Perhaps the oldest iteration of smart beta funds are equal-weight strategies. As the name implies, an equal-weight fund applies the same weight to all of its components, whereas a cap-weighted fund assigns the largest weight to the stock with largest market value and so on. For example, an equal-weight exchange-traded fund (ETF) that has 100 stocks will, in most instances, assign a weight of roughly 1% to each of its holdings when that ETF rebalances.
Today, there are hundreds of equal-weight ETFs trading in the U.S., but the dominant name among those products remains the Guggenheim S&P 500 Equal Weight ETF (RSP). The $15.6 billion RSP, which debuted in April 2003, was rated by Morningstar "based on its risk-adjusted returns, 3 stars for 3 years, 3 stars for 5 years, 4 stars for 10 years, and 4 stars Overall out of 1217, 1079, 800, and 1217 Large Blend funds, respectively," according to Guggenheim. (See also: A Venerable Equal-Weight ETF.)
Over the years, equal-weight funds have gathered followings among investors because, historically, a small number of securities drive equity market returns in any given year, and heading into any given year, no one knows what the leading stocks will be. "The first point – the skewness of market returns – is clear in historical data," said S&P Dow Jones Indices. "In 23 out of the past 27 years, the median stock in the S&P 500 has underperformed the return of the average stock. We see similar results in other markets. And if the second point were not true, we would not observe consistent underperformance from active managers."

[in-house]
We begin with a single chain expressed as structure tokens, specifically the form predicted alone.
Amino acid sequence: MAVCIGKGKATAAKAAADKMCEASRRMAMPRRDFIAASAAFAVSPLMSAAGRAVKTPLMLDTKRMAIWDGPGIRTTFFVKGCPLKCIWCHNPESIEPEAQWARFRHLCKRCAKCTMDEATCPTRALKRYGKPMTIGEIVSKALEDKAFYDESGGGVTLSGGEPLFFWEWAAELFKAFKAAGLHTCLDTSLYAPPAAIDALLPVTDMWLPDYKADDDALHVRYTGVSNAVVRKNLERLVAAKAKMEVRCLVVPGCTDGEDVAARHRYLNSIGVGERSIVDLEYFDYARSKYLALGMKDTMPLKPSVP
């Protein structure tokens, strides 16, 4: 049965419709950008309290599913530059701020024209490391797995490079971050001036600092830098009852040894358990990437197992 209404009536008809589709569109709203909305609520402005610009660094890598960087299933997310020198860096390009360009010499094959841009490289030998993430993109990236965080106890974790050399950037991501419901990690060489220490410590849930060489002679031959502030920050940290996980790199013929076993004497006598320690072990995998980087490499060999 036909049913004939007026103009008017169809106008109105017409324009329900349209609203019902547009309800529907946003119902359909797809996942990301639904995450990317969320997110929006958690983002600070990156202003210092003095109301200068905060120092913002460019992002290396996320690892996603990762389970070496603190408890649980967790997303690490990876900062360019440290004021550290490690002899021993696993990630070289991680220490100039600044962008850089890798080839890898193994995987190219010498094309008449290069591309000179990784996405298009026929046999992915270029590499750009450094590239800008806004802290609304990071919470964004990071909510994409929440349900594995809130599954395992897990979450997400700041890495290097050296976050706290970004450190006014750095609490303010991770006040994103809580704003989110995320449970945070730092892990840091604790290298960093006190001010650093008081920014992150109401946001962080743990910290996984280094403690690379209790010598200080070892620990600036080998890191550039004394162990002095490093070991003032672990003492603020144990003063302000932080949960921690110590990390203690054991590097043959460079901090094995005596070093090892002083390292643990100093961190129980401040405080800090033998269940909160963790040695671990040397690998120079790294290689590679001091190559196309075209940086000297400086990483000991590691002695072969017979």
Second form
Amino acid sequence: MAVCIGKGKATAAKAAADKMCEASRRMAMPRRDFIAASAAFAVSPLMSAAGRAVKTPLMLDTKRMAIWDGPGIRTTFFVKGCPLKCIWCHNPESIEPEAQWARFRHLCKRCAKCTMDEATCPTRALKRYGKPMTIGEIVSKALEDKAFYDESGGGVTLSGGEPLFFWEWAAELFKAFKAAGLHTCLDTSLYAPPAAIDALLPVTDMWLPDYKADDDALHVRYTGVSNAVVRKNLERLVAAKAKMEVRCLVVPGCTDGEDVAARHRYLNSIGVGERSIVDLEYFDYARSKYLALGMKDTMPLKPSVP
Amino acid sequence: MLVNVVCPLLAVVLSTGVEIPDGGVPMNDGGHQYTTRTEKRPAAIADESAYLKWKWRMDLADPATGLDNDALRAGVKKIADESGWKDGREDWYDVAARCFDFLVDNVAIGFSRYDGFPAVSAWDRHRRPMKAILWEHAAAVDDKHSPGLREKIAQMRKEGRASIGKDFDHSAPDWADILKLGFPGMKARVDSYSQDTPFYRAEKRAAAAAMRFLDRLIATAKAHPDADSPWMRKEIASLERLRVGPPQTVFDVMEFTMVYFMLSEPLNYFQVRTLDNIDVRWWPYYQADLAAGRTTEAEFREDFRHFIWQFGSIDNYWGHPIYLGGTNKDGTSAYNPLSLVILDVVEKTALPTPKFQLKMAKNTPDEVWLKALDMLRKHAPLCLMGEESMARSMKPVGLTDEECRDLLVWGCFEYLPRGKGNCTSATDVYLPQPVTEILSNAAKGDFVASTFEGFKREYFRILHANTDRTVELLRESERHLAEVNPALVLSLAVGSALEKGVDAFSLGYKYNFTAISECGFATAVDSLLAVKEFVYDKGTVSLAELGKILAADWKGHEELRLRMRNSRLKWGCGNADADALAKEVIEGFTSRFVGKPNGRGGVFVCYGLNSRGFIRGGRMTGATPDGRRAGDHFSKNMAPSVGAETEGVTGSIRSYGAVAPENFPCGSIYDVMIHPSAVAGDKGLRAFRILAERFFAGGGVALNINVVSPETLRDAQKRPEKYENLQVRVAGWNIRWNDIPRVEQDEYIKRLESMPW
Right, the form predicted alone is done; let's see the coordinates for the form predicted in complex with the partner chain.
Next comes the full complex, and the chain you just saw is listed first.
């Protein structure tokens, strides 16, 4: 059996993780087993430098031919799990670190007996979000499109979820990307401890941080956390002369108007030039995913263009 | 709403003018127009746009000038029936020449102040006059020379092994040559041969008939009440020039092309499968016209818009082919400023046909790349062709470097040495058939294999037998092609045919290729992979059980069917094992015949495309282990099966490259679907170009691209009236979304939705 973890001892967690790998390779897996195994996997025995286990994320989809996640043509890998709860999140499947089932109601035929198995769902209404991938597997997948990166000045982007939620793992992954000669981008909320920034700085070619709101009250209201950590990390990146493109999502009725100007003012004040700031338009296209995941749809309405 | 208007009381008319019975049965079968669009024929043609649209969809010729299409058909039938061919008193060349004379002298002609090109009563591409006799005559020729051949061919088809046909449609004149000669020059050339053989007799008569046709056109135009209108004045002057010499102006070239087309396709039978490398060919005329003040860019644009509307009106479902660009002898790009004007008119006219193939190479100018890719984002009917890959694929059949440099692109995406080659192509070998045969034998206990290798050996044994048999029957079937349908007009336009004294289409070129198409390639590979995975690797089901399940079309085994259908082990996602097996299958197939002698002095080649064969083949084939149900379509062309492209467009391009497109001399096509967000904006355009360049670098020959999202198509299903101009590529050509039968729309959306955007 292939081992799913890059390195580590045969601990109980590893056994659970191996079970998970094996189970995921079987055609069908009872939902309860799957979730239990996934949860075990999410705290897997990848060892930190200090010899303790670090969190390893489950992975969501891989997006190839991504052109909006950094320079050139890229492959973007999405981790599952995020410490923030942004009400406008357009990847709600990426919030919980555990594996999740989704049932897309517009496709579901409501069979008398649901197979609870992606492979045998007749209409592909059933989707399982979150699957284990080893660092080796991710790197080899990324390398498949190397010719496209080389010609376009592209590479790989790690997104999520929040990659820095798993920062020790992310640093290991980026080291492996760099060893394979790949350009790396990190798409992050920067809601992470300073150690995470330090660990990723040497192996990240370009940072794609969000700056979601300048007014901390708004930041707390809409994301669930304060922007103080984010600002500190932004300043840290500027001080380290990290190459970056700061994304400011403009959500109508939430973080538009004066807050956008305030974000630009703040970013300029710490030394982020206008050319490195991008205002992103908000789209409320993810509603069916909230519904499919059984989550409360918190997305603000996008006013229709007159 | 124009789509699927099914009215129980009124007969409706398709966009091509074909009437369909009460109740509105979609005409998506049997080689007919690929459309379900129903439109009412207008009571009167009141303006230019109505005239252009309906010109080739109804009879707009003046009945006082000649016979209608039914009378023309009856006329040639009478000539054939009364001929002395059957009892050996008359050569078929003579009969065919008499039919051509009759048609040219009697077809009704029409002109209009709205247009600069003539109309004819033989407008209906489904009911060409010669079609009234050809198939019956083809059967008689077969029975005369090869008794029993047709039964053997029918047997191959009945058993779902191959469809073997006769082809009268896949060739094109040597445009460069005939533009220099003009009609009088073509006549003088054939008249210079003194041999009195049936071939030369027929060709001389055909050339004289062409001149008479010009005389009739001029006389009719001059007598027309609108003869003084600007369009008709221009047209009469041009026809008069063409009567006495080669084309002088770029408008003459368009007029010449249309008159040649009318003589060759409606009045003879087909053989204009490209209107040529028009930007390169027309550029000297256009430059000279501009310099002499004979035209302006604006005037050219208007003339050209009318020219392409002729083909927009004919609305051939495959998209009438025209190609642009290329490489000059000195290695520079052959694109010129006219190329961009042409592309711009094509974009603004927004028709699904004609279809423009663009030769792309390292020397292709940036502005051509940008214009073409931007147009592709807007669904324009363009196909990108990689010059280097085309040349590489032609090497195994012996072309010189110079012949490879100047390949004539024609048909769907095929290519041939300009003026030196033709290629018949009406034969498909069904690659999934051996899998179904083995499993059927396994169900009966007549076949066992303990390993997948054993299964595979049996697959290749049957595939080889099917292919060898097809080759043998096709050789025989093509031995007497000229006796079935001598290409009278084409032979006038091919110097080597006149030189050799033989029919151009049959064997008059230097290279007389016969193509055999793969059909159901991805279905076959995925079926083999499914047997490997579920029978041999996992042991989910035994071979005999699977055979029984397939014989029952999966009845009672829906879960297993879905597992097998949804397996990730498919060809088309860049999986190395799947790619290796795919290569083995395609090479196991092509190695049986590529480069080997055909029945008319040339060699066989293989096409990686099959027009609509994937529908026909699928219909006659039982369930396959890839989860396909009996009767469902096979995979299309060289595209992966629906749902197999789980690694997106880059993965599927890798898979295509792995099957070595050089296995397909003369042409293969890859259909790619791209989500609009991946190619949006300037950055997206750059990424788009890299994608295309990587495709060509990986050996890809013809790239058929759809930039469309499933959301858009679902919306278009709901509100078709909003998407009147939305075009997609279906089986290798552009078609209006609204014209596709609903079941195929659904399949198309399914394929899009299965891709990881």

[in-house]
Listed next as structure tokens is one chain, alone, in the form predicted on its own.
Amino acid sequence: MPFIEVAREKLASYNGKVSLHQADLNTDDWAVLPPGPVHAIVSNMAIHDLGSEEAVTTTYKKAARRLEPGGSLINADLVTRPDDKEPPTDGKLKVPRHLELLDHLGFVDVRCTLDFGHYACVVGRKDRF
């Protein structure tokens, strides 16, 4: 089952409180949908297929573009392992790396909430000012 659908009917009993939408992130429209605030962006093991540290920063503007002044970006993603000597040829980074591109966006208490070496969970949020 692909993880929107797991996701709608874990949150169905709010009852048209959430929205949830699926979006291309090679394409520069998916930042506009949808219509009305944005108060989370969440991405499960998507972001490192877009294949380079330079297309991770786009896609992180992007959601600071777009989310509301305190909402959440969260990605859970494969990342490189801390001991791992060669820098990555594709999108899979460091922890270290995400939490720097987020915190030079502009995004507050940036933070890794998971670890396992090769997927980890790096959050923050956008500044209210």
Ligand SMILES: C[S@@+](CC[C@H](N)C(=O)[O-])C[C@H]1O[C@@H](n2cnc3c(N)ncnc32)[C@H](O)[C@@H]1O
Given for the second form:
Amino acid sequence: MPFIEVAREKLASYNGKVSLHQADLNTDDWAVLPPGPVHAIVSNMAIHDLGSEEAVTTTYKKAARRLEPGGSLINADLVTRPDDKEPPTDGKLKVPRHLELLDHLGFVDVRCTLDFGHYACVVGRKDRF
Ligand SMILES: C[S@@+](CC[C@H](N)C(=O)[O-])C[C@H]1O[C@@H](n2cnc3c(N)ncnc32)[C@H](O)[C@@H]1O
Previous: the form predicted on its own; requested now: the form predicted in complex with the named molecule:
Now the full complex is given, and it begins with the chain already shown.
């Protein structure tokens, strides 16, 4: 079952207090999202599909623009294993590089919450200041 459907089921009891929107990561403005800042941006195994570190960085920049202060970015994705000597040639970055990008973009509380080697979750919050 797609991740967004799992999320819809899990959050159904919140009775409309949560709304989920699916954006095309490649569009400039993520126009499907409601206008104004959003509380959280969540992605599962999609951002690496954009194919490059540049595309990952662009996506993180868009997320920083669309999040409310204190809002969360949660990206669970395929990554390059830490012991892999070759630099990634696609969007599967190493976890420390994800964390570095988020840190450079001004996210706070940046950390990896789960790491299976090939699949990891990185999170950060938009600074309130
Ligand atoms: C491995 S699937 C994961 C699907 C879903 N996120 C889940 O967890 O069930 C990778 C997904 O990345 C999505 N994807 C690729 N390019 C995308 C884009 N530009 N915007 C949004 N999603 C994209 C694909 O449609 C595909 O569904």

Since inception, RSP has returned 386.2%, including paid dividends, while the cap-weighted SPDR S&P 500 ETF (SPY) has returned 292%. Critics often assert that any outperformance offered by smart beta strategies is attributable to the size or value factors. In the case of RSP, it would be the size factor because, as an equal-weight ETF, the fund places more importance on smaller stocks than the cap-weighted version of the S&P 500. (For more, see: S&P 500 ETFs: Market Weight vs. Equal Weight.)
Increased emphasis on small caps could imply increased volatility, but RSP's annualized volatility since inception is only 170 basis points higher than SPY's. "To be sure, equal weighting does not always lead to success," said S&P Dow Jones Indices. "For example, 2017 was an outlier, as the S&P 500, driven by a handful of large technology stocks, outperformed the S&P 500 Equal Weight. But the equal-weighted index has outperformed in 16 of the past 28 years, by an average margin of 1.5% annually. One reason for this record is the ability of equal-weight indices to take advantage of the positive skew in stock market returns."
From 2012 through 2017, RSP trailed SPY just twice – in 2015 and 2017. (For additional reading, check out: An Equal-Weight ETF at a Lower Fee.)